Naugatuck Daily News from Naugatuck, Connecticut on January 24, 1947 · Page 1
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Naugatuck Daily News from Naugatuck, Connecticut · Page 1

Naugatuck, Connecticut
Issue Date:
Friday, January 24, 1947
Page 1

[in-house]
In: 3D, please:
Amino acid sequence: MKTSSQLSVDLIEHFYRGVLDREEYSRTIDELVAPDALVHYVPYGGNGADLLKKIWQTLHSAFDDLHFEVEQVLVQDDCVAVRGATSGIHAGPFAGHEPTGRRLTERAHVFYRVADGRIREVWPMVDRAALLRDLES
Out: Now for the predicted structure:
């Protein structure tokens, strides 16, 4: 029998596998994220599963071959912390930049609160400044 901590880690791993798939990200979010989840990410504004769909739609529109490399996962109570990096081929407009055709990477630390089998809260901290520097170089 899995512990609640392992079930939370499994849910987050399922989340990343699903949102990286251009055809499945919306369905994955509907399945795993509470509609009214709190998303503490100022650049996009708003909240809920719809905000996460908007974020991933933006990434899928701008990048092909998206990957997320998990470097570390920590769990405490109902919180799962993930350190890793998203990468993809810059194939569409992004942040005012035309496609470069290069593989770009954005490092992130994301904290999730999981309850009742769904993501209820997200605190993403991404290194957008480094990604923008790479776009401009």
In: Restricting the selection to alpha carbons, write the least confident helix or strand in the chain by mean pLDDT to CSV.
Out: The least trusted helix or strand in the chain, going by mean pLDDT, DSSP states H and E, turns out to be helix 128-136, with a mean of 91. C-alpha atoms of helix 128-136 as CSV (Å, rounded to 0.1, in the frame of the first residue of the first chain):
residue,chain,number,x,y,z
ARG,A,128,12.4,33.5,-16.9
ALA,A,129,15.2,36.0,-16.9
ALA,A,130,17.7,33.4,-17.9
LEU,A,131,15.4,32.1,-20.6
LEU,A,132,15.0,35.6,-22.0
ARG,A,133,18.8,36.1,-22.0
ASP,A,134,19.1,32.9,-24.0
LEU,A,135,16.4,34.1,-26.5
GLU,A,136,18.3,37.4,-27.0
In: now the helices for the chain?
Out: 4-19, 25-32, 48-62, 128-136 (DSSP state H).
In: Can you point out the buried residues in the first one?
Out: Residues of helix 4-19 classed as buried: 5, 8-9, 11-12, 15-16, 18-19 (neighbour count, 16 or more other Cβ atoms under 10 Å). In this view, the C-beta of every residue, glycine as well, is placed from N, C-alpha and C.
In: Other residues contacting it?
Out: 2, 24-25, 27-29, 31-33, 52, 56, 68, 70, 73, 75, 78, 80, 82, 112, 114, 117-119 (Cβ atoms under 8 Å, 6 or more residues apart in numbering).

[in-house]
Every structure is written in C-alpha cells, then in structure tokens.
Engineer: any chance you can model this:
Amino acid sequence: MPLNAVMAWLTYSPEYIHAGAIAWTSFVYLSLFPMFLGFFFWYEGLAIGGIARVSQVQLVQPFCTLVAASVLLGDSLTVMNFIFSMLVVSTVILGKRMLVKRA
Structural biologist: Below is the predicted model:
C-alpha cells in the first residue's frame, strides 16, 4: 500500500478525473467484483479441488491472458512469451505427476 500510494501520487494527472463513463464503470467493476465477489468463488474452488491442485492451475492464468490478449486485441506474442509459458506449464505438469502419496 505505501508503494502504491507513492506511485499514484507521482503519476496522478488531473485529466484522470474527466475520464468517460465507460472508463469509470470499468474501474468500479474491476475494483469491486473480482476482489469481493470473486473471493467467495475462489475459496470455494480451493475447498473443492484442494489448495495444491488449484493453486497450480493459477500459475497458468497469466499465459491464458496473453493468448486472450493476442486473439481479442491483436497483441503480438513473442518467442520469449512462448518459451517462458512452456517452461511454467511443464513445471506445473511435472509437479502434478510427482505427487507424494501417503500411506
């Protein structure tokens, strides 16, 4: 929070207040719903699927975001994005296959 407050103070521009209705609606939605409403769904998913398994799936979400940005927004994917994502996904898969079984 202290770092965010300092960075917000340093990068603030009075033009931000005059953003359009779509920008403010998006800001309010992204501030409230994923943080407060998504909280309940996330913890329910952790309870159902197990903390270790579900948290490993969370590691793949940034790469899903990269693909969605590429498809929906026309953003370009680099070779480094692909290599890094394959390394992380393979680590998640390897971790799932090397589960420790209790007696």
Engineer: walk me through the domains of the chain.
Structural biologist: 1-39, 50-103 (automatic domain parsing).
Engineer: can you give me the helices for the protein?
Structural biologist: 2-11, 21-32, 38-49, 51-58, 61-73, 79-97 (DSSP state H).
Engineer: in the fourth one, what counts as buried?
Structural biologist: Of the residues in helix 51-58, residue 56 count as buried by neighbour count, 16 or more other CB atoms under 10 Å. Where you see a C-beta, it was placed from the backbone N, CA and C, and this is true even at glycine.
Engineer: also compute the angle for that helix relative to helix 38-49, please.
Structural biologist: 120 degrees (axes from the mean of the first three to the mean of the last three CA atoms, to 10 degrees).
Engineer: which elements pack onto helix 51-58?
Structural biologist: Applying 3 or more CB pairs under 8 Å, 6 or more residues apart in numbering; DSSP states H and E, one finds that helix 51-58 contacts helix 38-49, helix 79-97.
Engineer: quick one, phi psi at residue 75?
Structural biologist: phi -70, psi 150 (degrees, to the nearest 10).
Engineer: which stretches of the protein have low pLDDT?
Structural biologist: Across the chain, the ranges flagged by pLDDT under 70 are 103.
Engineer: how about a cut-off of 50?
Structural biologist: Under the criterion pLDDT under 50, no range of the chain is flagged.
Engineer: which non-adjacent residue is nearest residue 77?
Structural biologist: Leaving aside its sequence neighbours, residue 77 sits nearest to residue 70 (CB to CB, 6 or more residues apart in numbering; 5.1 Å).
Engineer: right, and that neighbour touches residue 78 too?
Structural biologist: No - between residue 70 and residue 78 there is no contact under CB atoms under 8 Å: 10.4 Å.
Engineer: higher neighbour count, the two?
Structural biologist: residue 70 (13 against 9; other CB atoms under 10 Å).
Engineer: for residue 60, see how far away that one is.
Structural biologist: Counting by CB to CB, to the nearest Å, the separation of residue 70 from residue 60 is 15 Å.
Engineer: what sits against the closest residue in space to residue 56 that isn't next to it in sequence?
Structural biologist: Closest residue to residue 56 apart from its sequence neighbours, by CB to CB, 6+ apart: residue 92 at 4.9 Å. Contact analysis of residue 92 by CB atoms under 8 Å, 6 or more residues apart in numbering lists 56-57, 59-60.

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fZMPERATTTRE REPOR1 Mldnlpht .................. 30 3 «• m 6 n. m i" 37 Noon "A Progressive Newspaper For a Progressive Community' THE WEATHER MasBachUfictt,-!. Rhode Inland and Connecticut: Partly cloudy and mild tonight and Saturday. Temperatures well above freezing. Eastport to Block Inland: Southwest to west winds, 15 to 25 miles per hour. Vol. LXXI, No. 20 ESTABLISHED 1885 FRIDAY, JANUARY 24, 1947 Leased Wire Service of the United Press Price Four Centi .. LATE KK.VT I.VCBJiASKS Wii»hl"K'o« — Kegluual rout control officials have fit-on or- di-rrd to permit liiL-rpiiNVM In rent ri-llliii;- lii hardship CIIKVM. 'l'hl» |.< unnimni'vi'l d.v the director of Ihc office «f temporary controls, Major Cfi'iioral riillip J''li-niing. --oOo - Hf»'i;S I'kiurOSAI, Hiu'tford - A proposal to pay cash bonuses totalling DO-million dolinrs govs before the vote-runs tiffuirs ctmimittoe of the Connecticut Ir-gislaciire today. A public hearing will be hold by tho com- mitleo on die bonus problem, one of the major issues before the Connecticut Assembly. oOo STKKI. DKMANUS riliMliuixli—'''Jin CIO United Sti-cUvnrkrrs union hu.x laid Hi 117 ilrmaiidi hi-forr the If. S. Sti-el Coi-piiratlon lit a twn-hmir NCsMon opening negotiations ex- |w(-tc(l to set tin: pattern for till; nation'.* Hill),(till) steel workers, CIO I're.sidi-nl I'liilip Murray aii- lioiliii-ed following tin- brief cnii- ft-ri-lll'r | Illlt lirgutlafiulls Will III- ri'Hiiini-il Monday. lly immediately called for a session of the uni'in'.s jri-m-ral pollt-y and eXPeil- tivo <!(iinmitteeM later today. - - —oOo fil>:OK(77A GOVKKNOItS Atlanta •- Georgia Governors Thompson and Talmadgt- art- I'i- niincially embarrassi-d tod'iy, Scv- cra'. payrolls firu reported due find tin- Atlanta bank handling itxfciuivi- cli-partnuMit 1'iiticls has ti«! up tb': rir-positu until the courts ducidr who i.-i llu- legal <iO<i— - AOGl.'SATIO.V Wii.shlM,';ton—Democratic Kep- n-sciilatlvi- I'l-icc of Illlnni* c)inrj,'cs that (he strlla-liound Allls Chalmers Company Is car- rj'ini," nri 11 program of what Ill- Kills "lincOIICI-allid Illllllll'hllSt- Ins." In a spppcli liiM-i'trd in the Cnni,'rr.s«li>r>!i| "Record. ' bo nc- riisi-i tin- farm cfHilpnn.-nt firm {it hiring .strikr-brrnki.-rs. -oOo MI I.IT A Ii V TKA I.V I NO Washington — The American U-Kion \i< planning a nation-wide cnnipiiii:n in support of universal military training. The Legion s«y:< it will back a training bill by Louisiana Representative - oOo T i-: KMI \ A i. co i,M-;r, E (Jiiinliridife, Mass. — Harvard university President Coiuint lilis iirccd a IUTI .vi-ar (-ollrge c.oursu finaiicf-d hy tin- gnvornment as a tniuns of mei-ilng demarifl for truiniiiK bevonrl high M-honl. In hl.s animal report, C'nmint .xm;- (Ifsls lli:il terminal college." lie M't up throughout the country. Rosko Favors Election Of New Board Legislator Plans Amendment To Change Finance Bill As Drawn By Committee PL-ins for ontoi-in^ an amendment >n the proposed Board of F.'rvmco 'ill regard in;; method of selection if member.*, prnviclin;; it is not "pwritlpn prior to buinR introduced n the Gencr.'il Assembly, will bo mule by Rupi-i.-simtativo Joseph V. Tiosko. it wns learned today. The proposed bill, as drawn by Soroush Attorney Martin L. Cnine and approved by the local -commil- Ice to .study .such a bill, provides members will be "appointed by the warden, by, and witlr the :onsent of the burg-esses." Mr. F.osko plans to oppose this manner of selection with an amendment that would have the members •Icnted instead of appointed. Tho nholluhment of the annual Freemen's mooting to approve the budget has nlso met with sonic statPtr.enls of opposition from borough residents. The proposer! bill, believed to luivn he-en fashioned to some extent fin lines of the Bristol Board 'i!' Finance, is expected lo bo in- •rodiuvcl early next week to the General Assembly jointly by Rep- nyi-ntiitivcs Ros,';o and Daniel J Walsh. Mr. Rosko, who today is visiting the stall! prison at Wcthorsficld w'nli other mpmljois nt the Appropriations committee, expected to pliu-ji! in the hopper today his bill ; to chfLiiRu the voting of the free- i men from paper ballot in the town ! hall to machine voting in three : wards. As Poles Cast Ballots In Warsaw Former Congressman May, Three Others Plead Innocent To Fraud Charges; Trial Opens March 19 Rob $20,000 B'klyn Payroll Lined up outside tho polls, residents of VVarsuw, Poland wait to cast tlu'ir ballots in the. riniftnt I'olish elections. Result of the elections gave the Communist-dominated government bloc candidates a sweeping victory in winning »27 seats out of K72 parliament .seats. (International) News To Sponsor Auction For Dimes March Benefit Masked Men Rob Cashier Of Brooklyn Daily Eag-Ie; $1,000 Payroll Taken At Westford Brooklyn, N. Y-, Jan. 24—(UP) — Two masked men robbed the cashier of the Brooklyn Daily Eagle today and escaped with a payroll -totaling $20,000. The holdup occurred in the cashier's office, on the main floor of the Daily Eagle building in downtown Brooklyn One of the bandits stood outside the cashier's eagre, warning the cashier not to make any outcry. The second robber leaped over a counter and snatched up a bag containing the payroll money. I'l.K.MJS INSOCKNT XV;i-<>iingt/>n -A 3." - yc-ar - old l'r>rni»r State llopartmc-nt '.-m- I'lnyi-' -('.'ii-l Aldo Miirzuni has pii-iul'-rl inn lOi-nl In Washington l-i ch.u-gi-s n!' Hilsi-ly nt.atinu l» Kiivi-rnnn-iH m'llci Us th'it he win nut n Communist, • • (ion -.. CONDITION SKKIOUS Mi;uni, l''liirid;i—Tilt- (ill yslcian "I Al (,':i|>iini. siiy-i (hi- formi-r miilcrwiirlfl Itjnir IH fill tli<- vi-l'gr "f piii-iiiiiiiiiln fnllmvlng n .striid- '•iirllcr in (In- n-i-cls. Ills c-iiitdl-. linn is fli-st-rilii-d ;is serious bill. "<>( erlt-lcnl, - r>00 • - NKU SNOWSTltll' X'-'H'i tin- liyrri Kxpprlltion at '.itili- Anvi-ifi-ii The Byrd ex- h'Uiiidn h.-n its new snow.strip fo" .<l<i pl.-mos in operation, just Old Age Assistance Tax Exemption Urged For World War I Vets Hartford, Jan. 2-!—<UP) — The •oneral Assembly h^lci unnthn "hort KOSfion todny- lasting 14 min utos in tlic House ;uirl 1.1 minutcb n the Senate. Rccfiii.'-.e of the comparatively feu bills introduced during the past I wo weeks, leaders urged the lawmake: s to hurry up and get thorn in hoforo the February 7 deadlin Some of the bills offrrad toda> made these recommendations: That cliiy'.i.ght time bo adopted cither by proclamation of the governor or by loc;il ordinance. Thru vc-torrins of the first World War be exempt from paying the itniu:ril SD eld age assistance tax. Th-tt two or rrior-o towns he allowed to form a district health de- pai-trr.en t. An'l thnt domestic lift: insurance companies be authorized to make Ci-.I lo.-ins. or invest in them. .ludutishlps an'l Middlctown city hiji resolutions were in- Xorvvalk court jiidg troduced- ]J>nn Cumbria nnd Israel Polincr were recommended as jurlgca of : the .UirldleUn-.'ii con:t. And J'"ronman S. Light :mr! Arnold R. Fusano were pi-opoKed for tlic Noi-vvalk court. "fie w, Borough Traffic Record Commended On Broadcast N'uugattick \va^ fiomrr.endfil for ils record of -ll!n flays free of traffic t' diiriog ;i. fie ficoidnnt r.'iti'litins during .1 hi-oad- j crast, yostct'day of the presentation >'l! Mfti-r tin: group i of Mic .N'ational Amnric-an Legion's ' Arrangements Completed For Program February 4 At Salem Playhouse Circle This O:it<; on Your Calendar —FEBRUARY 4— And make plans to attend and taks part in the NAUGATUCK NEW. auction Tor t-'ie benefit of tho M-ai-ch of Dimes, Jn cooperation with the Drive Chairman Frank T. Green, Ralph Pf.Lsho of the Salem Playhouse, and local -mo'rchants. The 'News* wil] -•iponsoi-an auction of valuable merchandise, with all receipts to be turned, over to the infantile paralysis fund The' arrangements committee is headed by Chairman Green and includes Rudolph M. Hennick, publisher of The News. Mr. Paaho. Paul BucictniMor and Miss Mildred Carlson. Mr. Buckmlller wil! serve as auctionri'i- cir.d Miss Carlson will be seerutary-treasurei- of tho committee The p'.-sgmm will be similar in detail to sevei-a! conducted during the war years to stimulate purchases of war bonds, and with splendid response or. the part ol local fesidnr.ts. Merchandise donated by .local merchants, as their contribution, to tho March of Dimes, will be offered for s-alu by auction from the stage of -the Salem Playhouse. The highest. bidder will take the merchandise away, and the price he pays will be -turned into tfce March of Dimes fund, There will be n,o reserved seats for the auction. It will start promptly at S o'clock, lasting 1 for ono hour, a.nd to .be followed by the resumption of thp regular picture ' show. Arrangements for the auction were completed today at a meet- Ing of members of the committee. It is expected that approximately II) choice articles will be auctioned. all stacks up to be an evening of pleasure. And it's for a good cause — The March of Dimes. Remember the date — circle it on your calendar— FEBRUARY 4. Cancel all other engagements now. You lave a date to take part in the Nau- jra-tuck News March of Dimes Auction at the Salem Playhouse. Merchants interested in participating in the program by contrib- iting- gifts to be sold at the auction ire urged to call The News. SI,000 Taken Westford, Mass., Jan, 24—(OP) —With split-second timing four masked gunmen held up eight em- ployes of the Abbot Worsted company mill in Forge Village -today. They fled with about $1,000 in small bills and change, the weekly payroll. The- holdup was executed with the same f ineese as the $11,200 holdup which occurred at a Lynn Rail7 way Express agency office 20 miles distant less than 2-1 hours earlier. Police Chief John Sullivan of Westford said he believed the same gang was responsible for both robberies, perhaps the largest in New- England since pre-war days. No shois were fired as the cowed office staff readily lay on the floor while the bandits seized the cash .that was beini; .counted on. a table b'y"the cashietT"-" 1 ''" ""•'-' " -r:"' : -'; PlfC Setsl)afe~ For Hearing On Water Co. Petition Intending to increase its borrow ing capacity up to $150,000, the Naugatuck Water Co. has made ap plication to the Public Utilities Commission for approval of its Mrs. Harriet Brooks Institute Chairman For Social Conference 01 tin 1 Usk force arrived in kittle An:nrici[. Atul the first land Ini.sod P"ine alie.'irly h:is miiclc a I'llght Wr Ihi- ar.-jt. noo I'ltOI-OSI-; l-'KDKKATION' 1'nrls—Tin. l.'relich government '::"• pmpn.Ncd thuf Ilir nlllfs si-t "I 1 n Permanent federntlofl »f '"'"•iiniM slates. |>iit1i>rned In iniiiiy i-cs|iec|s after the llnlfpil Miiti-j.. FniD,.,. W ||| ,,,-,. S( ,,|| (,| lo I''"" at Hi,- Hiu |.-,, llr f 01 .,,| ffll ,„(,,. N( 'TS i)ir-,-n,,.q- In Miweow. 'C'intintiiid on Pngu ii) safety citation to Mayor Henry Cwia^da of New Britain in recognition of that city's achievement or I.Vj day.; without a highway fatality. The Ifint highway fatality in Nnu- gatuck. oncurrcd Nov. 22, ID'liJ, Not ono was reported i.i 19-IB and none NAUGATUCK NEWS BROADCAST Today — 5:45 P. M. Monday Through Friday from the Editorial Rooms Of The Naugatuck News Station WATR 1320 ON YOUR DIAT. High School Girls Address Cards For March Of Dimes Mailing of March of Dimes collection Cards to borough residents was completed yesterday, Postmaster Frank T. Green, local chuli 1 - of the drive -announced today, The cards were prepared for mailing by o group of volunteers, and final details were handled by olght local high school girls who worked afternoons in the post afllce. Thp girls who took care of final mailing details are: Betty Sweetman, Anne Dclaney, Betty Ki.-isane, Helen "Rellly. Jean Sutherland. Tho Connecticut Conference of ciiil Work throiifth its headquarters in Now H.uven lias announced tndjiy the ,-ippointmcnt of chairmen of two important committees to niliatc cas-ly in the year plans for he annual conference held in tho •"all. Miss Irene A. Walker, o.xccu- ivc> director of tho Watcrbury Y. <V. C. A. will he Program Chairman and Mrs. Harriet D. Brooks, I'.-mu Service Secretary of the s'ausntuck Chapter of the Amcri- cnn Red Cross will be Institute Chairman. Each of these two chal wil! be assisted by committees representing all «u-eas of thn state ind various aspects of social work, recreation, health, mental hygiene ;md education. The-job of the Program Committee, under Miss Walker's leadership, will ho to select timely topics' and .speakers for prencrfil sessions of the annual Conference. ' ' Tho Institiitos, which have as- sumeri greater importance each yen:- and now comprise almost half f of f!io Cor.fortrfco program, will bp I orpanii:cr.l by Mrs. Brooks' commit| While thu dntc .and the placo of the Pull Conference^ are not yot definitfl, program plans will start at -once so that the 1,000 individual mcmbni-s and .180 agency members of the Conference may be informed well in regarding th'e subjects to be presented, the name* of the speakers and of the Institute leaders. Robert. M. Heininger, president of the Conference, in making thosr- appointments, commented on tho function oC th_o Conoficticut-Confor- enec of Socinl Work as the .co-- ordinating group .Iri^which^.yolun-- tocr leaders and professional staff member^ of agencies o.E many kinds come'together for exchange of experience and for consideration of new methods of meeting welfare needs. Mr. Heininger is Executive Secretary at- the Com ; munity Council of Watcrbury. 1 He took orilco ns president of^the Conference following his election at the j annual meeting in November. Mrs,' Brooks' appontment is cohsidcred-a tribute to 'her outstanding qualities of leadership. In addition to her Red Cross duties she lencjhes sociology classes at St. Mars'ar'et'a School in Watcrbury. proposal to borrow up to $95,000 for a term of five years, on notes bear- Ing interest at two and a half per cent annually from the Naugatuck SavinE.s Bank, and up to J55.000 for the same interest from the NaugaturJc National Bank. Th money will be for capital outlay and to repay an outstanding note. William H. Moody, president and general manager of the company, today said the concern now owes $110,000, and -the proposal would be >to barrow an additional J-10,000. He SAid a large part of the funds has been spent on capital outlay and expanding, of new mains and other features of the company. A hearing on the application will be- held at the PUC office in the State" OHice Building, Hartford, Monday afternoon, Feb. 3 at 2 o'clock, Any -public utility company must fnake application to the PUC for the money.. purpose of borrowing Industrial Council To Discuss Exhibit President Otto Jensen will preside at a meeting of the Industrial Council in the Y cafeteria next Tuesday noon. The council will discuss industrial sporting activities ^ind sin industrial exhibit tentatively scheduled for the spring. KKPRAT PERFORMANCE Salem, Mass., Jan. 24—(UP)—A Lynn woman who remarried her divorced husband in 1933 has again divorced him. Mrs.. Mary Hollander Chnet of Lynn divorced Boston furrier Philip Chnet in 1922. She remarried him In 1933, and divorced Mary Ann Swan, Joan Green and | him for the second timejfcyester- Helen McCarthy. —(irrut Onk Kiirni milk U |iri)(lurffl and liitHfriirlxrfl tin the fiirm liwr In Niiujrn- tiii-k uiidrr must mnili-rn anil liyicirnU: IID.». Ti-l. 5010 lor (U'Uvur?.—Adv. day. —All NiiiiEiitnck III tnlklnx about thr 101? Stiiilctmkf-r. the moNt beautiful i-ur In UK flMd. Rre It ut Nancntnck lluttvry t Anto Service.—AUf. Church Council Plans Renovations To St. Paul's Plans for renovation- of the church basqment and purchasing of new Miss Smith Elected By Teachers Large Delegation Attends First Annual Meeting- Of Valley Association Miss Virginia Smith of the Salem school faculty, was elected treasurer of the Valley Teachers association at the first annual meeting and election of officers held Wednesday njjjht in Ansonia, and attended by nearly 250 teachers and guests. Others on the slate presented by the nominating committee, Alexander Krayoskc, Naugatuck; Eleanor -Smith, Shelton, and Harry Neville, Derby, were: John McKearn, Seymour, president; Mr. Nev- lle vice-president; Anna LoPrcsti, Seymour, corresponding sccretady; Theresa .McGrath, Shellon, record- ng secretary. Miss E. Eleanor Smith, chairman of the salary committee, reported | studies arc being made of all the' j owns represented in the associa- | ion to ascertain financial comJi- j .ions and the percentage of funds used for school purposes. Vublic Relations Chairman of the public relations lommittee, Miss Marjory Brennan ^ Beacon Falls, announced a roaga- -r.imf or 'journal wiir"be"iJublJshed" by tho association and circulated amonp Valley teachers, A resolution was adopted approv- ins Ihe $14,000,000 elate aid bill, which has been introduced in the General Assembly. A social program was outlined, with a banquet scheduled to be held in May. The necessity of state aid funds if schools are to be brought .up to standard was stressed by Miss Fenessey Canty, chairman of the Legislative Action committee of the Connecticut State Teachers' association, and one of the guest speakers at the session. To Tour Germany Former President Herbert Hoover is shown leaving the White House after a SO-miniib? confer- once with I'rcsldont Truman. Hoover said that at the chief executive's request, h^ would fly to liuropc within a few days to make a study of food conditions in the American occupation zones In Germany and Austria. (International) Action Settled Out Of Court Following a settlement, out court the S15.000 suit of Eric of P. Former Chairman Of Military Affairs Committee, Gars- sons, Freeman, Free Under $2,000 Bonds (By United Pr<!»s> Former Kentucky Congressman Andrew May stood before a Federal Judge in Washington today and said, "I plead not jniilty." He -was answering government charges that be and three key men in the hig Garsson Munitions combine i.riert to defraud the government in war contract deals. The Garsson Brothers, Henry and Murray, and partner Joseph Freemen also pleaded innocent to the charges handed down in an indictment yesterday. Federal Judge Bolitha J. I.H.WS then ordered a S2.000 bond from each .inrt sot trial for Mjrch Ifl. If convicted on all counts, former Representative May would face total maximum penalties of 520,000 in fines and four years in prison. Clay's face was prim and flushed as he appeared in court. He showed signs of his recent illness and told one newsman that ho still is suffering what he called "pain and contusions around my heart." May looked worried throughout the hearing. And wften it was over, D:-. Henry Garsson walked over to where May was sitting and the two shook ftands. The T).-year-old cx-cong;rcssnnai-. refused to talk much with reporters. And he avoided them altogether when he arrived in Washington from his Prcstonsfourg, Kentucky, borne. He left the train at Alexandria, Virginia, and motored the eight miles into the capital to dodge photographers -waiting- at Washington's Union station. - ~A--cbier deputy. • U. S. marshal! was stianding by fo arrest May .ind the other three defendants in Ui« event they failed to show up in court. But all appeared ss scheduled—though a few minutes late. Specifically, the one time chairman of the important house military affairs committee is accused of conspiracy and of accepting several thousand dollars for helping- the Johnson against Arvid J. Anderson j Garsson Brothers obtain war con- and his wife, Mildred S., all of Xaugaluck, was withdrawn from Superior court. W«iterbury, yaster- day. Terms of settlement were not disclosed. The caso had been claim- from the bottom of the list slates in linancial aid given schools. Educate Pubitc tracts. The scandal came to light in a sensational senate investigation of the so-called paper emp:fc. Millville Land Sale Recorded The warranty deed passing title lo approximately 25 acres of land on Millvillo avenue from the Bor- iplnntiff, who said that he was leav->"«" °f Naugatuck to the W. J. Under present tax setups in most; c d for a jury trial, towns, there is a definite need ofj j 0 ]., nson claimed he had become help from the state, she said. Miss | a .. nclplcs!s an d 'hopeless cripple" Canty stated that Connecticut is | ns lh<) rosult o f severe and porma- third or fourth in per capita in-| n(>nt injuries'which lie was alleged come of nil tho states, but is fourth j , 0 havo SU ff c ,. 0 d j n a frill on a dc- ol j fective and icy walk on property 10 owned by the defendants at 137 • i .Vow street. Feb. n. 19-14. The defendant's one-family Both Miss Canty and Lyndon ( in;r Pratt, executive secretary of the j hollso after having attended a :STA, also a guest speaker, em-; furnacp there, when he fell on tl« phasizcs a plea for all teachers and i W a]k other interested persons to educate | lc g cd he public and point out the bcne-, ol ," alongside the dwelling, al- lh;l( hc Wn5 unable to walk requiring constant medi flts of state «.id funds and the ! cnl C1ro nnd nursing, and that urgency and importance of the bill | dcath wou )d bo hastened as the re- passage. Tx>c»I Attendance Amonc those attending the meet- ng from Naupituclc were: Super- ntendent of Schools Harold E. ^hittenden, Samuel I. Lyons, chairman of the board of education;; Edwin C. Miller, James Leary Gerrude Peck, Herbert Phalen, Leon larin, 'Eleanor Welles, Charles •wenney, Henry Cieslewski, Flor- ncn Anderson, Mary Ponrose, Mr. •Ci'ayeskc, Naug.ituclc .High school. Sally L. Bcardslcy, Alice Hickey, \gnes Jackson, Catherine Brooks, 1 Marie McGuirc, Hop Brook school; , Cclia Reynolds, Mac Cullen, Kub; her avenue; Hazel Penrosc, Theresa ', Wrinn, Oak street; Mary Donahue, Florence O'Loughlin, Helen Balin- sld, Prospect street. Dorothy O'Toole, K a t h e r ine church pews were considered last i O'Toole, Mary Roach, Marion Holland, Lenorc V. Leary, Elizabeth Meegan, Central avenue; suit of his injuries. Two spcciat defenses had to be tiled by the defendants in which it •he o\v n w;\s alleged the injuries of plaintiff were tlue vo negligence nnd that a reiationship of master and so i rvant existed between the parties %t xhc home ol the accident. ,. The fall, it wns claimed, resulted from .in ordin.-iry hnzn.rfl incident to ilio pln.intiff's employment as ;i gcnc-r.-il h.-indymnn .-tnd thai such a ha7,:ii-d was voluntarily assumed, the risk of injury which WHS or should have comprehended by him. from been Megin. Inc., has been recorded in. the office of Town Clerk Raymond J. St. John. Tax stamps indicated sale price at $27.500. The Mogin company was high bidder for the property some months ago, and is expected to develop a, bousing project on the land in the future. Two- houses a.nd lots on Plaits Mills road have been sold by the Alfred Eaker Construction Co., Inc.. according to two other deeds on file. The properties have been, sold to Harold C. LCWJK and Donald Nelson Harper, respectively. Sophomore Class Plans Election The Sophomore 'class of the High officers Thursday school wil of next week. Already -nominated for the office of president are, Joe Tair.scy, . Bob Dowling, George Schuster, Jerry Labriola' and Stephen Owens. HAROLD D. SMITH Washington:, JEJI. 24—(U P) — Both parties joined today, in mounting the sudden death of-Harold D, Smith, former budget director and recently acting head of'the World Bank. Smith died of a heart attack last night, President Truman called him one of the ablest public servants this country had, and most of Washington agreed'.- —Kurly Siirlnn S'lioi- Stylfi HIT already on iliwlar nt Illckn Shoe Slnrt-, 142 Jlnnk St.. Wntoflmr.v. .For ijualltj- nboes, h'» Illck», FIRST,—AdT. night at a meeting of tho church council of St Paul's Evangelical Lutheran church. The meeting was the first of the new officers, elders and trustees, and various duties of the officers were announced. Consideration'was given structing a council room Helen G. Moroncy, Dorothy Galvin, Mine Foley, Josephine Giblno, Kath- crine Kamcrze), Kathcrinc Hall. church basement, painting the downstairs and repairing in general. ' . i Julia Casey, Lillian Smith, Marto con I S:lrct Nolan, Anne Holland, Salem the" : school. in Junior Class Arranges Dance Cost Of Crude Rubber Increases An increase of three and one- quarter cents per pound in the j from 8 to 31 o'clock, selling price for natural crude rub-1 Music will be furnished by Bruce The Junior class of the High school will sponsor a Junior Acquaintance Dance at the high school auditorium Friday, Jan. 31, ber the was announced yesterday by; Clark and his orchestra. Reconstruction Finance Corporation. This raises the price from 22 and one-half cents to 25 and throe-quarters a pound. Sole buyer in the country rubber, the RFC said of natural the price boost reflects -the higher price it must pay for Far Eastern rubber. —For <iii«II(.v TJnnnrii, Wlnm, Brer*. etc., SHOP FIRST, nt. the ,CltT Pack- ace Store, BO Bridge fttreet. Prompt deliver)', anywhere In town. Td. 4802. Ceccll Tracy is phblicity chairman for tiie 'affair. CHURCH FIRE Concord, N. H.—The fourth church fire in. New Hampshire within six months has destroyed a 100-year- old Concord landmark. The West Congregational church was swept by a J75.000 blaze, which authorities believe was caused by an overheated furnace. Budget Message Coming Feb. 4 Hartford. J.-j.n. 2-1—(UP>—-Governor McConaugliy says Hint he will deliver his b;j<lgot message to the general assembly the -1th of February. Thr governor already has completed the first draft of the message and says that the state's financial situation occupies top place in his considerations. At his news conference' this morning he appeared quite pleased with the way things were shaping up. ATTACKED Boston, Jan. 2-1—(U)P—A burlesque star who is now appearing at Boston's Old Howard left her hotel room l«st night to buy a cosmetic she ncc.lod. Georgia Sothorn told police she was attacked and beaten by three men who pushed her into a Tre.nont street doorway. BRUSH FIRE A brush fire at Lewis park on Meadow, street, in the rear of tlie Salem school, resulted in a still alarm at the Fire Department shortly before 1 p. m. today. The booster was sent to the scene and prompt action of .the firemen quickly checked the-blaze. JURORS REPORT Among .the jurors who reported in Superior court, Watcrbury, Wednesday wcre-J. Frank Jones and Lillian Quackcnbush. both of Naugatuck. They will serve during the winter civil session of that court. HELP NEEDED The finance's of the March ot DfrncK were utralncd »K never hcforc in coplnn with tho, 1948 Infantile paralysl* outbreaks, AK cane after CIINR WHS added to tho roster of p o 11 n caMialtieK, 'clinptcrw of the Notional Foundation for Infuntllo Paraly»lK found their resource* dwindling; rap- Tflly. Before the outbreak* lapKcd, chapter* in 40 ittaktcH required aid from National HcadqnartcrK In tho amount of more than 13,000,000 U> meet tlii- cost* of treatment and care of infantile paralynl*. Your dimes and dollars contributed to the 1947 March of Dimes of tho National Foundation form the Bole source of revenue throiurh which \ tho fight again** 'the crlppltor IK carried on. Join the March of Dimes today and help - your community prepare for next •ummer't polio'Mason.' " ' ''